“Taking [immigrant] babies away from their mother [at the U.S. border] and locking up one or the other and separating them because they did no harm to anybody…they just didn’t comply with the stupid regulations…that’s a crime against humanity in my judgement.”

OK, so that’s one man’s opinion. You would be perfectly within your rights as a healthy skeptic to counter with “and what makes this guy such an expert on what constitutes a “crime against humanity”? Unless the gentleman in question happened to be the last surviving Nuremberg trials prosecutor…which he is. 99-year-old Ben Ferencz’s appearance recalls the scene in Annie Hall where Woody Allen “just happens to have” Marshall McLuhan on hand to call out an insufferable blowhard waiting in a movie line.

So how did we get here? It’s complicated. Following a brief (and painful to relive) recap of what “happened” on 11/9/16, Moore’s film accordingly speeds off in multiple directions As he has always managed to do in the past, he connects the dots and pulls it together by the end. In a nutshell, Moore’s central thesis is that Trump is a symptom, not the cause. And the “cause” here is complacency-which Moore equates with complicity.

Specific to 2016, it is the complacency of the nearly 42% of eligible American voters who sat out the election. But Moore does not lay the blame squarely on disenfranchised voters, many of whom have valid reasons to be disillusioned and fed up with politicians in general. He cites a number of examples, and he spares no one. In fact, he lays into a few sacred cows of the Left; the DNC, President Clinton, Hillary Clinton, and Barack Obama.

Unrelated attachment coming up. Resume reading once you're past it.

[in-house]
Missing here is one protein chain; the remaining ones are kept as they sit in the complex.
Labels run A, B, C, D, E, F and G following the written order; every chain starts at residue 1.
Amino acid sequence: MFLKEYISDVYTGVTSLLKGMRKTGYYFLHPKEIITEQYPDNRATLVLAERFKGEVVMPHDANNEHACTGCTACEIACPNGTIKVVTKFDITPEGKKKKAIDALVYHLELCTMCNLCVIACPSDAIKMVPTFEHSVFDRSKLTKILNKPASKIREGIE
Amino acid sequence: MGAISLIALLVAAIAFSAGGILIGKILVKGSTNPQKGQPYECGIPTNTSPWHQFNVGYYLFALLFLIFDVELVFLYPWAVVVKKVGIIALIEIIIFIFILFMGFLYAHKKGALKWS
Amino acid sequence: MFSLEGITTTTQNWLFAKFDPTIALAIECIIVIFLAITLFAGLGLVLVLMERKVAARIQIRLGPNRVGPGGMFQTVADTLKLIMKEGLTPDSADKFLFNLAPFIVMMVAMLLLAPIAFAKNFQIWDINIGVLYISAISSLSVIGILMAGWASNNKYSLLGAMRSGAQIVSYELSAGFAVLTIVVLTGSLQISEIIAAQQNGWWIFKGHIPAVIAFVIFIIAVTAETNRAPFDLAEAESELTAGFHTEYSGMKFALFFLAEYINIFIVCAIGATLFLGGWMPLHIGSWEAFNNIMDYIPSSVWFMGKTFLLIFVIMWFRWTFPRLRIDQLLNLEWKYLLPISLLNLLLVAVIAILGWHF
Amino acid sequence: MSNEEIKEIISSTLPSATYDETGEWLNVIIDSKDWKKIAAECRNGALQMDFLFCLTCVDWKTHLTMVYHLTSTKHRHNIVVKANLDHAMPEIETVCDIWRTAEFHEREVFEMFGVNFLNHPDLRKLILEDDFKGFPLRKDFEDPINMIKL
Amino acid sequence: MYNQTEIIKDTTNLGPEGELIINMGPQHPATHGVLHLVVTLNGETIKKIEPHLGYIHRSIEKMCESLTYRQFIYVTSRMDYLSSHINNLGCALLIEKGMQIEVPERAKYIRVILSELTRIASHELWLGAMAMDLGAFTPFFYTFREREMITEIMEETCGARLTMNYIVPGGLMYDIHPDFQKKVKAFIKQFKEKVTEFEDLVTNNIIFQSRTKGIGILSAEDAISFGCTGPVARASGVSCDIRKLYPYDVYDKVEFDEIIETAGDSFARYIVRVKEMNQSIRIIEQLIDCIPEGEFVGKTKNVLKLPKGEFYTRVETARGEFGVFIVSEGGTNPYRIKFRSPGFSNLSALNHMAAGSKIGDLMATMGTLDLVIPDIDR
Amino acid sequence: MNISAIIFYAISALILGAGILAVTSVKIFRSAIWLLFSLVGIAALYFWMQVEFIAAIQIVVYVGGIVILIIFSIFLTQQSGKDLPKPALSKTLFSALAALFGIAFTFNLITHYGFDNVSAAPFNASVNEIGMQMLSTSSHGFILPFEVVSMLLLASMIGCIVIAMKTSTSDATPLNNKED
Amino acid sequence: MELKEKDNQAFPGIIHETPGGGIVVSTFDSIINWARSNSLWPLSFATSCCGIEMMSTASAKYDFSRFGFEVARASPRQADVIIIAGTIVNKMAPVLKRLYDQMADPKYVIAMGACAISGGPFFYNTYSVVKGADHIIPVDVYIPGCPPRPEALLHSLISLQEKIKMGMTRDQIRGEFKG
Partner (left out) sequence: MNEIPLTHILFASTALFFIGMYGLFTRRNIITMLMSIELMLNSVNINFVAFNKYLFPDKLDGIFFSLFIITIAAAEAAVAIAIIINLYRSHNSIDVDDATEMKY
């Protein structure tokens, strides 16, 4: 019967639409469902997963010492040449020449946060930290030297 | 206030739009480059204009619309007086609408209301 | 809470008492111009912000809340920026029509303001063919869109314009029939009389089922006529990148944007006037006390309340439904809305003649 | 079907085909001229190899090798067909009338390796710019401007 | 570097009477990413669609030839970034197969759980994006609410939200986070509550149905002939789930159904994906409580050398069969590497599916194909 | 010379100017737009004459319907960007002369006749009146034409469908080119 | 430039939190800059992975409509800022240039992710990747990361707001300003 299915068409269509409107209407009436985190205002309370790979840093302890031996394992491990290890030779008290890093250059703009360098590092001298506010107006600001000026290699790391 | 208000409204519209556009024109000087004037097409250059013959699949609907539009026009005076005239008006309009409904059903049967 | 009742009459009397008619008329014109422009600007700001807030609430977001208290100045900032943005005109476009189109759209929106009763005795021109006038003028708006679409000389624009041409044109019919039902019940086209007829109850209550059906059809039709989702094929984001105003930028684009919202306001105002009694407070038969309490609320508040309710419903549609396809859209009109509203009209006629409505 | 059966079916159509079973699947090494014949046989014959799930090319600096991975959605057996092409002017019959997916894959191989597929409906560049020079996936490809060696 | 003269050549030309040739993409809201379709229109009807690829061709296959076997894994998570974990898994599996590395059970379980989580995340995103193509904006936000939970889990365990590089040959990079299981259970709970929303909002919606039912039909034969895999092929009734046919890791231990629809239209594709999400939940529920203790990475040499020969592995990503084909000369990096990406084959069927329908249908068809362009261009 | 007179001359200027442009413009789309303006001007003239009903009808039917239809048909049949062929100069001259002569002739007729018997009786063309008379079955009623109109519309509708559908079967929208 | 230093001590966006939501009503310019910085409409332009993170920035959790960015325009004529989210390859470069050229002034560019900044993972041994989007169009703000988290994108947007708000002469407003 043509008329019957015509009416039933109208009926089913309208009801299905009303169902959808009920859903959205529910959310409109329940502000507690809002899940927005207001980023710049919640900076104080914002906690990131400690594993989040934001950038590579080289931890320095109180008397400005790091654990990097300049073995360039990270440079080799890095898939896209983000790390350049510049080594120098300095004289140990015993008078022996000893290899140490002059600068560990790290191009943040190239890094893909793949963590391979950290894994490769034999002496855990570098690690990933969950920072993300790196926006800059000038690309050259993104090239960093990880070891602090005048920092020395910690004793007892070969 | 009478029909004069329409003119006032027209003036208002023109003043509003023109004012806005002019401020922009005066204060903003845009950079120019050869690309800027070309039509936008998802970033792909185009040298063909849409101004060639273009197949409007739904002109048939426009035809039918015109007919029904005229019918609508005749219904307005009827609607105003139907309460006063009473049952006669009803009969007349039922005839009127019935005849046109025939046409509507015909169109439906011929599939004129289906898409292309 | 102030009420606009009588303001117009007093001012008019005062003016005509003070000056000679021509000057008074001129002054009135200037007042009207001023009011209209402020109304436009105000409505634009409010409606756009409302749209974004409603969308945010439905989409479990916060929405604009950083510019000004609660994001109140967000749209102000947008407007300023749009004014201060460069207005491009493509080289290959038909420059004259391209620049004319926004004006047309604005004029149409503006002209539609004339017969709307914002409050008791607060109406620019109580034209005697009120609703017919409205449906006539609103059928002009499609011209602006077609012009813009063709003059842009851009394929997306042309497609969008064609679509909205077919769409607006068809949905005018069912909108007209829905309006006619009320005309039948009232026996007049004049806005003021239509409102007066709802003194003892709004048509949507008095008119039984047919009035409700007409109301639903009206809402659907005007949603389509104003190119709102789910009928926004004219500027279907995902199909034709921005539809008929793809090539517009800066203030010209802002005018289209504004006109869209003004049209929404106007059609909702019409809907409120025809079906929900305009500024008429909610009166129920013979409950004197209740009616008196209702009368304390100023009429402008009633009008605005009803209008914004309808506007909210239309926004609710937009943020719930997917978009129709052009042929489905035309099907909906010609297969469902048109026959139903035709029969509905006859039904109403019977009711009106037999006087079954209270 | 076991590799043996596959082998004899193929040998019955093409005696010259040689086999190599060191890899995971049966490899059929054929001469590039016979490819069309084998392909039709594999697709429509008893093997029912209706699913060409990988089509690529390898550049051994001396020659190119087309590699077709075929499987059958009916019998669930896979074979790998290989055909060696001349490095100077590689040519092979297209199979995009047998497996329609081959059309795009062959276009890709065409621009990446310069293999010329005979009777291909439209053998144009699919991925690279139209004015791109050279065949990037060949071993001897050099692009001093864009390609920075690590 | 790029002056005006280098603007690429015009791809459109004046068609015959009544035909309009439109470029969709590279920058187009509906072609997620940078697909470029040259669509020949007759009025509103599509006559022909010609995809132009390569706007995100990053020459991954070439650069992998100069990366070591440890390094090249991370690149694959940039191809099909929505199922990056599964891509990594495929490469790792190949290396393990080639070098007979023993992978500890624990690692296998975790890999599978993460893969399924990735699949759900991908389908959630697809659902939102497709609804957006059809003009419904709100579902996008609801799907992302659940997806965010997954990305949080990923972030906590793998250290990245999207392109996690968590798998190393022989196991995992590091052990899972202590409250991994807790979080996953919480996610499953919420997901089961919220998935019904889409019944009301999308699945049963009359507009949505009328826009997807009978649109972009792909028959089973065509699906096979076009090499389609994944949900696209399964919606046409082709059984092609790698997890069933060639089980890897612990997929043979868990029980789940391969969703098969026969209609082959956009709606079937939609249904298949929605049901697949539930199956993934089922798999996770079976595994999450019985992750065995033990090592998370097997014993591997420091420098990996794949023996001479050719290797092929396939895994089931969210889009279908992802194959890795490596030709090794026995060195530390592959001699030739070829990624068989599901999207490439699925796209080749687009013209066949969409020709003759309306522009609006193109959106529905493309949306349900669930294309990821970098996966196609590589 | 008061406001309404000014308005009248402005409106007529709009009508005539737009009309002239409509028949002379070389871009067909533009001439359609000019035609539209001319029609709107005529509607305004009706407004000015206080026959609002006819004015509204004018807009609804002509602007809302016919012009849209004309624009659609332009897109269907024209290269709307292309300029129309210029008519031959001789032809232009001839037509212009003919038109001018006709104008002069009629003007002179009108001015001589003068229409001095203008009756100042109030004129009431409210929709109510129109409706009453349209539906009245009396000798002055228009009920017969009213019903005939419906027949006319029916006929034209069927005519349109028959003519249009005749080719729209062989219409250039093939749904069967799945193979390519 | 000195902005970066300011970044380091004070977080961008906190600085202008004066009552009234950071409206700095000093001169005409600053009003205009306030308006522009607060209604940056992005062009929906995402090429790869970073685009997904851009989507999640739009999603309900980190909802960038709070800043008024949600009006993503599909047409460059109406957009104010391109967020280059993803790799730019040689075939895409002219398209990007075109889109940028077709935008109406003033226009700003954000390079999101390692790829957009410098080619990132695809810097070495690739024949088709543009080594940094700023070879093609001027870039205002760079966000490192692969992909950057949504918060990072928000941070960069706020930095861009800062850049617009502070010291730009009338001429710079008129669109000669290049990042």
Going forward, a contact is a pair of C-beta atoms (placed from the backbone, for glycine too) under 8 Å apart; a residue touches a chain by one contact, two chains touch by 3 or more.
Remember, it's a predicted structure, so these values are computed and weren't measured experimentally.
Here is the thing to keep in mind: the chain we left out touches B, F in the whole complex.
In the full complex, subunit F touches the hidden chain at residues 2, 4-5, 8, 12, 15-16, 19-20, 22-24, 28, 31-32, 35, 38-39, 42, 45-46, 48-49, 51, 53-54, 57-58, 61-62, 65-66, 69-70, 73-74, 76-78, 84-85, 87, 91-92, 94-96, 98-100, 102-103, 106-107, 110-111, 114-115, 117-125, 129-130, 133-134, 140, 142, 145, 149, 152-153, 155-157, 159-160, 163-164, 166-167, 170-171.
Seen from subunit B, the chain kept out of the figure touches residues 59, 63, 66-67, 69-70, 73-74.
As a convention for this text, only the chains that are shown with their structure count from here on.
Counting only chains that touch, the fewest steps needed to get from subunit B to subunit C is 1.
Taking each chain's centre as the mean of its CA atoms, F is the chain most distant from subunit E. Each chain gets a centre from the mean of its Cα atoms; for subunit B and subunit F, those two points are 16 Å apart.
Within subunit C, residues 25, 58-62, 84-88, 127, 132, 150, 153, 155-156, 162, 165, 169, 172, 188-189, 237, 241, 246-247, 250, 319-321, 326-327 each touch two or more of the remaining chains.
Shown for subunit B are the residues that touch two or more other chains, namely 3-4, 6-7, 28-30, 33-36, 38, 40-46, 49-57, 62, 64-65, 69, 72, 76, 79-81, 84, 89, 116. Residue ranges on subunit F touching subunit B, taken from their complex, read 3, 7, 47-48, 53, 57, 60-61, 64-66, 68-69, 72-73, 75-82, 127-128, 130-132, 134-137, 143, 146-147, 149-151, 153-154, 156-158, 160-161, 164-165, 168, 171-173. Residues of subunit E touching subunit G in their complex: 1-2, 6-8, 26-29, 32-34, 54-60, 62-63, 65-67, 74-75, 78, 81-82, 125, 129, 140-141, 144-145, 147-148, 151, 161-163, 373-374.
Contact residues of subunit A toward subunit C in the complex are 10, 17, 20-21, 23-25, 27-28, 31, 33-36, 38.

The most dangerous kind of complacency is what happened in Michigan, and enabled Governor Rick Snyder to essentially seize despotic control of the state under the guise of “emergency powers”. Moore traces the political machinations that led to the water crisis in his home town of Flint, and it’s chilling. Using comparisons with how a democratic, liberal Germany handed power to the Nazis in the 1930s, Moore envisions how easily Trump could take a page from Snyder’s playbook and implement it on a national scale.

If this is all beginning to sound dark and despairing…well, it is. However, this is Michael Moore. He knows exactly when to interject levity and hope into an otherwise sobering treatise (e.g. he drives a truck full of Flint water up to the gates of Governor Snyder’s mansion and proceeds to water his lawn with a high-pressure hose).

He reminds us that there is a grassroots movement afoot that hopefully continues to catch fire; from the nationwide teacher strikes that began in West Virginia to the blue wave of progressive candidates in this year’s midterm primaries. He spotlights the passion and determination of the student activist groups that organized in the wake of the Parkland school shootings.

If you’re a Michael Moore fan, you will not be disappointed. If you’re a Michael Moore hater, this film likely won’t change your opinion (although I am flattered that you’ve chosen this post as your daily “hate read”). The rest of you can play among yourselves; but do me (and the country, and our Democracy) one favor? Please, please vote this time.